Michael Chu is a hardware application engineer for a large semi-conductor manufacturer in the San Francisco Bay Area, where he helps companies design notebook computers. His blog Cooking for Engineers follows the standard format of a recipe food blog: recipes, photos and cooking advice. This particular food blog is differentiated from the others in this category by Chu’s use of schematics for recipes and his analytical approach to cooking.
Bloggers list different motivations for starting their blogs. For Chu, the impetus was the result of a technological glitch, as well as a love and passion for cooking and food science. He used to keep all of his recipes on his Palm Pilot, but after months of entering and storing this information, he lost every one but Tuna Noodle Casserole in a synchronizing error. After that he says, “I decided I needed some way to store my recipes (and share them with friends)…Earlier this year, blogger.com was giving out free storage space for pictures and I thought I’d take advantage of that.” Within a few months, he was receiving around 2,000 visitors a month. Chu likes to cook and as he was already documenting and annotating his recipes, posting this information to the site was a natural outgrowth of his hobby.
“Cooking for Engineers” is well organized and offers hundreds of pages of recipes and equipment reviews. This recipe blog reflects Chu’s own idiosyncratic outlook on the world; in this way, it too is a personal blog. Chu states his intention in his blog header: “Have an analytical mind? Like to cook? This is the site to read!” The following introduction to a recipe is typical of Chu’s writing style:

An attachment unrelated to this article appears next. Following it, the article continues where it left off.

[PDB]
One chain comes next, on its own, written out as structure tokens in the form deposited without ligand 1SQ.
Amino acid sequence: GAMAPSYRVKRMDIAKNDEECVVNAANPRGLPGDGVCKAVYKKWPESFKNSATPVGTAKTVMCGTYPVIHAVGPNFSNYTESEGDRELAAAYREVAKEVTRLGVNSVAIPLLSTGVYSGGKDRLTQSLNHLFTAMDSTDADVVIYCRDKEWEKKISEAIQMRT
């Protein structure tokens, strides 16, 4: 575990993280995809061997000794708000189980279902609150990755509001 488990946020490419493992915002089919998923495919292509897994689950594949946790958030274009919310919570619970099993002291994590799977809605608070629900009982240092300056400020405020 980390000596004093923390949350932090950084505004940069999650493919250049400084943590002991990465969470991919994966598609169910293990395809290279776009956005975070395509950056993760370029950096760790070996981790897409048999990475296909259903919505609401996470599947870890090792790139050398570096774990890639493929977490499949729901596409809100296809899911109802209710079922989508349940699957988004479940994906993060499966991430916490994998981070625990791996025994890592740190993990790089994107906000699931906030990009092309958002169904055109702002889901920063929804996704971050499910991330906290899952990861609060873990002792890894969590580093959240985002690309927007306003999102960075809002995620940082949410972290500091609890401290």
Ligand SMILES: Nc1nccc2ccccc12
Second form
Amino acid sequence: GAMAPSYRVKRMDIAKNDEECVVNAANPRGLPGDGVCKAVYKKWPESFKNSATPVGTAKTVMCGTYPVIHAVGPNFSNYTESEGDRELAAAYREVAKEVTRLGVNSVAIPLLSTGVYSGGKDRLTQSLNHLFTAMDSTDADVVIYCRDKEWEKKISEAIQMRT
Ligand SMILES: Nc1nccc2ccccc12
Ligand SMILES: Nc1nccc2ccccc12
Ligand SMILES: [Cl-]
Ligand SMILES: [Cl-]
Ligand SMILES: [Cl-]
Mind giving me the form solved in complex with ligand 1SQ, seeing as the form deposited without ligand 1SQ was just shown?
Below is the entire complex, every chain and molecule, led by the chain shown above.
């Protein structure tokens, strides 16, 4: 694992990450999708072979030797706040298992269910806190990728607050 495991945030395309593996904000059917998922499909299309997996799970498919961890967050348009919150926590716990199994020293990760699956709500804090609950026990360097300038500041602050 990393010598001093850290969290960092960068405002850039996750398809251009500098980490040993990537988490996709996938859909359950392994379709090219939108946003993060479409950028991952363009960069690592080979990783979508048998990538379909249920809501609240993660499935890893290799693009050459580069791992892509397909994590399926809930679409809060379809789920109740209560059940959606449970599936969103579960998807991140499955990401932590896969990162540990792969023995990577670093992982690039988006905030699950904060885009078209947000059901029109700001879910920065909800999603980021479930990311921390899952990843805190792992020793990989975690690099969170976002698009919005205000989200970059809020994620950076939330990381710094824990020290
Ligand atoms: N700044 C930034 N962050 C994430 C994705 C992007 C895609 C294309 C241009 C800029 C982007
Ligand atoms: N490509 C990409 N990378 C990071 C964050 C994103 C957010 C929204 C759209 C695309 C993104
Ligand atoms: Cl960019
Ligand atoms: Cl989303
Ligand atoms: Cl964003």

Recipe File: Prime Rib or Standing Rib Roast
Prime rib used to refer to a prime grade standing rib roast, but these days all rib roasts (and some rib steaks) are called prime rib regardless of the USDA grade it received.
Preparation is quite simplistic for an entree with such a grand reputation. In fact, with a couple tools, this dish is easier to prepare than any other special event food (roast duck, turkey).
When properly roasted, the medium-rare pink is uniform to the edges of the roast, giving the diner the maximum amount of tender, juicy beef per slice.
Chu approaches cooking with a methodical approach. First he analyzes the labeling of prime rib. Does the label actually communicate anything to the consumer: no. Then he reviews preparation techniques and qualifies the recipe: easy. From here he walks his readers through the recipes steps and finishes with a clever cooking schematic.
While the Food Network host Alton Brown takes a somewhat methodological approach to his cooking and there are a handful of cookbooks that utilize food science, this approach is rare. Perhaps it is because cooking is a gendered activity, but most instructional texts offer little in terms of this sort of scientific cooking analysis. More prevalent is either the flowery prose of Nigella Lawson or the cutesy hurriedness of Rachel Ray, both clearly intended for a female audience. While Chu loves cooking, he likes to do it in a way he feels most comfortable with. As he describes himself, “I’m just someone who plays with his food and is curious to figure out how to make a good meal.” As an engineer, he transferred his methodology from computer science to cooking.
While food bloggers maintain their blogs individually, as they continue to publish, they become part of a larger community of nonprofessionals. In this way, they have together created their own online food culture, which is much more heterogeneous than professional food culture, as evidenced by the sites investigated in this paper alone.